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Title: Modelling and computer simulation of patient flow
Author: Gillespie, Jennifer L.
Awarding Body: Ulster University
Current Institution: Ulster University
Date of Award: 2013
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The population of the United Kingdom is increasingly ageing and diseases, like cancer and stroke, are becoming more common in our society. This is having a detrimental affect on the performance of the National Health Service. Various schemes and services have been introduced to increase efficiency, and key performance indicators help to identify areas of best practice. By realistically modelling healthcare facilities with analytic and simulation models, based on queueing theory, we can provide detailed information to healthcare managers and clinicians. These models can help to identify issues and cost inefficiencies for early intervention. Analytic models are less data and computationally intensive, and provide results in a quick time frame compared to simulation models. However, they tend to be mathematically complex which means healthcare managers can find them difficult to understand, and are more reluctant to implement the solutions. Simulations are more data and computationally intensive compared to analytic models, but they are much easier to explain to healthcare managers when they are built in a user friendly environment. This means that managers tend to be more willing to introduce the results of the model into their department. Therefore, we use both analytic and simulation models in this work to utilise the benefits of both techniques. In this body of work a novel analytic cost model has been presented for a system which can be regarded as a network of M/M/∞ queues. The model considers the flow of patients through primary and secondary care, and is based on a mixture of Coxian phase-type models with multiple absorbing states. Costs are attached to each state of the model allowing the average cost per patient in the system to be calculated. We also provide a model which assesses whether the implementation of a new intervention is cost-effective. The model calculates the maximum cost the intervention can incur before the benefits no longer outweigh the cost of administering it. These analytic models have been applied to stroke patients deemed eligible for thrombolysis in order to assess the cost-effectiveness of thrombolytic therapy. We also present a novel simulation model for stroke patients, who are eligible for thrombolysis, in order to validate our analytic models. 'What-If' scenarios and Probabilistic Sensitivity Analysis have also been carried out to provide healthcare managers with more confidence in our models. An analytic model has been presented for a complex system of M / M / c queues in steady state. The model analyses the system to find bottlenecks and assesses whether the staff are being efficiently utilised. Two resource allocation models have then been defined: the first determines the minimum number of resources required within the department, and the second efficiently distributes the resources throughout the department. These resource allocation models have been applied to orthopaedic Integrated Clinical Assessment and Treatment Service (ICATS) data to reduce the current queues within the department. A novel simulation model has also been created for orthopaedic ICATS which includes extra variation and realistic features. This allows us to assess how robust and reliable our analytic models are, as the results are applied to our simulation model which has different assumptions. The novel analytic models provide very similar results to the simulation models built for each healthcare environment. This implies that our analytic models are robust and reliable even when applied to a department which includes different assumptions. Therefore, our analytic models will provide reliable results when healthcare managers need to make decisions in a short time frame. Simulation models have been found to be a good validation technique for analytic models, as healthcare managers understand them better. Extra components can also be easily included within a simulation model, such as complex distributions to represent the inter-arrival and service rate, and realistic features such as shift patterns.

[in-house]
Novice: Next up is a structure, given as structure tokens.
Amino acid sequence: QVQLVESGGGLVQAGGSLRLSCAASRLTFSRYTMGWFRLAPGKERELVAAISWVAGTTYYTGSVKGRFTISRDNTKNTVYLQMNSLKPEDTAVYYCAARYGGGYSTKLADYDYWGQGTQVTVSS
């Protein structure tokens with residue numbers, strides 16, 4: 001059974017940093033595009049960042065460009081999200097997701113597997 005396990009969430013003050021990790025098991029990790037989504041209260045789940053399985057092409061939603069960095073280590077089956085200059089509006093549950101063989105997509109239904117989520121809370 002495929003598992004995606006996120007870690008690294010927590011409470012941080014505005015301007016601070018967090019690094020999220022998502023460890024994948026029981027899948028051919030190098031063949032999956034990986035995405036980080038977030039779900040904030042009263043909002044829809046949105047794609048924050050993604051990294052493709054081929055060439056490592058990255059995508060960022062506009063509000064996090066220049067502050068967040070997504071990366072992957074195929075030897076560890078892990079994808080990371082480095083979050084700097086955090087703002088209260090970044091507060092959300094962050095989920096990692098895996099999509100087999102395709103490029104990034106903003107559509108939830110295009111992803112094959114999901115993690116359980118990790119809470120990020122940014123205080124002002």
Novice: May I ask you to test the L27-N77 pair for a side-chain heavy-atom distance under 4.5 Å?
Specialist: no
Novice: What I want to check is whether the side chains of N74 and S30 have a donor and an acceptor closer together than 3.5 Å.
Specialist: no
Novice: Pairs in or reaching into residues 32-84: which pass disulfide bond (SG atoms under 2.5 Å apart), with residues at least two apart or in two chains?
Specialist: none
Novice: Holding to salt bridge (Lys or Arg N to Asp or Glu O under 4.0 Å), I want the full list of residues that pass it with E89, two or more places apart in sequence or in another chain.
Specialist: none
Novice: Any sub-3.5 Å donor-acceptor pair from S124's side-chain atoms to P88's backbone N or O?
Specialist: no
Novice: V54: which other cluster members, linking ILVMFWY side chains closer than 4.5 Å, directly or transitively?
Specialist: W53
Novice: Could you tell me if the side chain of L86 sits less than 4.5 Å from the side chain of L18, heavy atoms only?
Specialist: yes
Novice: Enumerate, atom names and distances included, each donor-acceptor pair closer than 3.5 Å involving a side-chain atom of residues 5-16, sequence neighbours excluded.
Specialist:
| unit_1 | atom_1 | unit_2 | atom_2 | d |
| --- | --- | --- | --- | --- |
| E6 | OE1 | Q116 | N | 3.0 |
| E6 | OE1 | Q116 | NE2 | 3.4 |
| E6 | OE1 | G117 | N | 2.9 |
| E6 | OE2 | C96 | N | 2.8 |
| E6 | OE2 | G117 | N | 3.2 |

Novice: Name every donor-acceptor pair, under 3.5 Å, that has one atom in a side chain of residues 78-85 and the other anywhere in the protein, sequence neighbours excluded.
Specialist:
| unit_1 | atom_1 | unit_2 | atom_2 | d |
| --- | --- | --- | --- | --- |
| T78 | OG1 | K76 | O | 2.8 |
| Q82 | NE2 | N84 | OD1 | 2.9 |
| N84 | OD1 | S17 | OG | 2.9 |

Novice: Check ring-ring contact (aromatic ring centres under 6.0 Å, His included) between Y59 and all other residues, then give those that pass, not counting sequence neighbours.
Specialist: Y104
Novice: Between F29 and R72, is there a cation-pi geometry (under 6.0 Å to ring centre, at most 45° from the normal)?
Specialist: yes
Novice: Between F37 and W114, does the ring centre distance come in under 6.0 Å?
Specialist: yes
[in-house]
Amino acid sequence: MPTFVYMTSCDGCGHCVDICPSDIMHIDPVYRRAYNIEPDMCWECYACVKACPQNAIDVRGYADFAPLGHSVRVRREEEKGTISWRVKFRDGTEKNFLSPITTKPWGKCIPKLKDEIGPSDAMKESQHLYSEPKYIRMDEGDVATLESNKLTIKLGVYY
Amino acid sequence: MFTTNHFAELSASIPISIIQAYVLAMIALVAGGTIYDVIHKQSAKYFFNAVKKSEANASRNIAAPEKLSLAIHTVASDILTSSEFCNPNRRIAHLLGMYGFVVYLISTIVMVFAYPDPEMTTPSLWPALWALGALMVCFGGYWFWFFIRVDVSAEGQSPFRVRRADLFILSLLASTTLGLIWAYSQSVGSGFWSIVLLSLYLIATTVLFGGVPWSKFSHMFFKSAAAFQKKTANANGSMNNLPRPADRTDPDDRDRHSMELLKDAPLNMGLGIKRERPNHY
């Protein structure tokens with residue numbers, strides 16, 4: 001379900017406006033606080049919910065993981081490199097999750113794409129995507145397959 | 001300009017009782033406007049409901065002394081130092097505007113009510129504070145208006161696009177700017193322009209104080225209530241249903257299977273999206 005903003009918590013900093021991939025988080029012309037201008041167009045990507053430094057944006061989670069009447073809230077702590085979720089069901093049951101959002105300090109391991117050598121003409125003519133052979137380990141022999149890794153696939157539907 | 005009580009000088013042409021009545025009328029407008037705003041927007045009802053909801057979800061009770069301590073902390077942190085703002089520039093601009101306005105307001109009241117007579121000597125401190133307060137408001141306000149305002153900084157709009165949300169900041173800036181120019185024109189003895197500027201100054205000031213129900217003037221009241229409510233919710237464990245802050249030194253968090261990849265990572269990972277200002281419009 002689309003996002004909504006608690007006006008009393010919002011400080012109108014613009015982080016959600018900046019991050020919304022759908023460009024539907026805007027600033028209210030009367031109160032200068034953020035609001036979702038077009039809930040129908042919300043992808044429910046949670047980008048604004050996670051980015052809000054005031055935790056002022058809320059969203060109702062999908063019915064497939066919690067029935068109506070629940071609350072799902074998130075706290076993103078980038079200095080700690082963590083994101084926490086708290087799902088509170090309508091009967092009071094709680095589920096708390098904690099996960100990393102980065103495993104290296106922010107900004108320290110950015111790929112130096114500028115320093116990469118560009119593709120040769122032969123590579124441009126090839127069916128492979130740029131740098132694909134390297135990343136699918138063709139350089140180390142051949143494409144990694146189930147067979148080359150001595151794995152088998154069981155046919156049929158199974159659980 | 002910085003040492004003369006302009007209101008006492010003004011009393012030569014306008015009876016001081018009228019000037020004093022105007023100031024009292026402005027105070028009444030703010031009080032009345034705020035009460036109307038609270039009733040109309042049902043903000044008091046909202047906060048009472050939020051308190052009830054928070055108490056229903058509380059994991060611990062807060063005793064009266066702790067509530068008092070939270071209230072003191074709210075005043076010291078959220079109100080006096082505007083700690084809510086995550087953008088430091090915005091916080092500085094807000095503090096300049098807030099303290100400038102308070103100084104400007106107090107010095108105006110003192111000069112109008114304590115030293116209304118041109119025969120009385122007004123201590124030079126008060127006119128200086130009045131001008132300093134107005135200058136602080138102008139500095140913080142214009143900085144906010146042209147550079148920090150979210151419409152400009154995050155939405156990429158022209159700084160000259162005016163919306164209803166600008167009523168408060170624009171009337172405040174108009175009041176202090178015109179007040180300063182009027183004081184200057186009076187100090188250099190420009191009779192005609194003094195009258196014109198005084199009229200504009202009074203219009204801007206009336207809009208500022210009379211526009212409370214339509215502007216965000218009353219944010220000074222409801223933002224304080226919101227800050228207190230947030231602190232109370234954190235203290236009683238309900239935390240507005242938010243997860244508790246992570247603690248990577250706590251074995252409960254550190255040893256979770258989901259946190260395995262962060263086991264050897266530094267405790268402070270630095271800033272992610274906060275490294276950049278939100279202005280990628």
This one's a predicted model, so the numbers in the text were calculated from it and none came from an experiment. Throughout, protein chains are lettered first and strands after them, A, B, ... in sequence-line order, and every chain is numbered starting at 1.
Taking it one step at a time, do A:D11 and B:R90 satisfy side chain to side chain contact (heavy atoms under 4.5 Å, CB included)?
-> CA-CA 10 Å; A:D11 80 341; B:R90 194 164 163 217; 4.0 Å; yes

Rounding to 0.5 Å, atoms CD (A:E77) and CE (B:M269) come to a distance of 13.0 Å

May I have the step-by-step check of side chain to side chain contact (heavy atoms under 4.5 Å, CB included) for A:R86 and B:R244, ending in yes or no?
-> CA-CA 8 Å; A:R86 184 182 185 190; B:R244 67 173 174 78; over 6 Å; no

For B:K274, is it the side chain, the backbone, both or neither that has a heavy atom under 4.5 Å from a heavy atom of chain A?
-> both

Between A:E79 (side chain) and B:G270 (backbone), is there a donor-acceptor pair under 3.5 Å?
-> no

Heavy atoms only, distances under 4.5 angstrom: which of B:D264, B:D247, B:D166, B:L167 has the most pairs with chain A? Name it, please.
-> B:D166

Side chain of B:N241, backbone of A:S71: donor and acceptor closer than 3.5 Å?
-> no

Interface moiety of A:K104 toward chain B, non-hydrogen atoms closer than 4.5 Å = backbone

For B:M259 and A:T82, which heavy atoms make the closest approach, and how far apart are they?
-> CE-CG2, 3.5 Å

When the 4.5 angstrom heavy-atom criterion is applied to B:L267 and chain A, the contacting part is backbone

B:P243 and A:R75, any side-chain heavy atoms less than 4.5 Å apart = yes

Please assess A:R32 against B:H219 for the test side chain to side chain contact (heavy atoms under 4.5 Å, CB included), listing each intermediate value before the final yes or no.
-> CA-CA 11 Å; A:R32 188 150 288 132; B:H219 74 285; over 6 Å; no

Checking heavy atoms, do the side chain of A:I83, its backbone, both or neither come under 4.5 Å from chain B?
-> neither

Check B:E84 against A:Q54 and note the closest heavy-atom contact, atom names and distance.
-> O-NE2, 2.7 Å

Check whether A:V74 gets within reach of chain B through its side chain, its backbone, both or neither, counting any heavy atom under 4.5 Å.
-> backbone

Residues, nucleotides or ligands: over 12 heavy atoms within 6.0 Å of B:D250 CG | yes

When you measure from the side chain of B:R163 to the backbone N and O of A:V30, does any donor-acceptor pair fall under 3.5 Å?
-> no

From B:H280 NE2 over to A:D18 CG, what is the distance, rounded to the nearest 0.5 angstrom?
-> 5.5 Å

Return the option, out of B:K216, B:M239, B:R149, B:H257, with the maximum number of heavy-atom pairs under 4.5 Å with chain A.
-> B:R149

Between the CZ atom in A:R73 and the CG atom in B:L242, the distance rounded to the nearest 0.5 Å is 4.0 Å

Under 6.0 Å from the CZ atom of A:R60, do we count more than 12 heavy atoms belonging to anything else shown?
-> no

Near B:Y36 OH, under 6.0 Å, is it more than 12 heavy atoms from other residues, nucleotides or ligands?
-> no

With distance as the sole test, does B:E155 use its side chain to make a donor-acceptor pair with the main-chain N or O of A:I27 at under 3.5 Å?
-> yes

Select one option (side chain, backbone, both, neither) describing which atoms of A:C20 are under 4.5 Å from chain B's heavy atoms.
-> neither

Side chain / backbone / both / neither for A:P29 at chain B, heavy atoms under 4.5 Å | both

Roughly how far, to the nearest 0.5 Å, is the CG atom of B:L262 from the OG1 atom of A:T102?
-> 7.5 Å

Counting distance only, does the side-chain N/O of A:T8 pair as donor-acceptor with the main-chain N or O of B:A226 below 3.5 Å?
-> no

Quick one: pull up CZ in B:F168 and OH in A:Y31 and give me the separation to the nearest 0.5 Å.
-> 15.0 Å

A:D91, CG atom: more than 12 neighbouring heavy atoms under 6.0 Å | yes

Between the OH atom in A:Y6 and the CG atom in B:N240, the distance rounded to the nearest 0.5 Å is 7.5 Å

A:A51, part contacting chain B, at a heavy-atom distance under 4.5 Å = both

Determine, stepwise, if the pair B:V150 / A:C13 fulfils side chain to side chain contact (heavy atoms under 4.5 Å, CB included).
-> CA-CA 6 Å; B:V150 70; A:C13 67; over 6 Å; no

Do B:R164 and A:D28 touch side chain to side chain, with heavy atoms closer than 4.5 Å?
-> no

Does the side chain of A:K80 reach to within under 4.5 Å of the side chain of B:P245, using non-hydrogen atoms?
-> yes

Supervisor: Not available Sponsor: Not available
Qualification Name: Thesis (Ph.D.) Qualification Level: Doctoral
EThOS ID:  DOI: Not available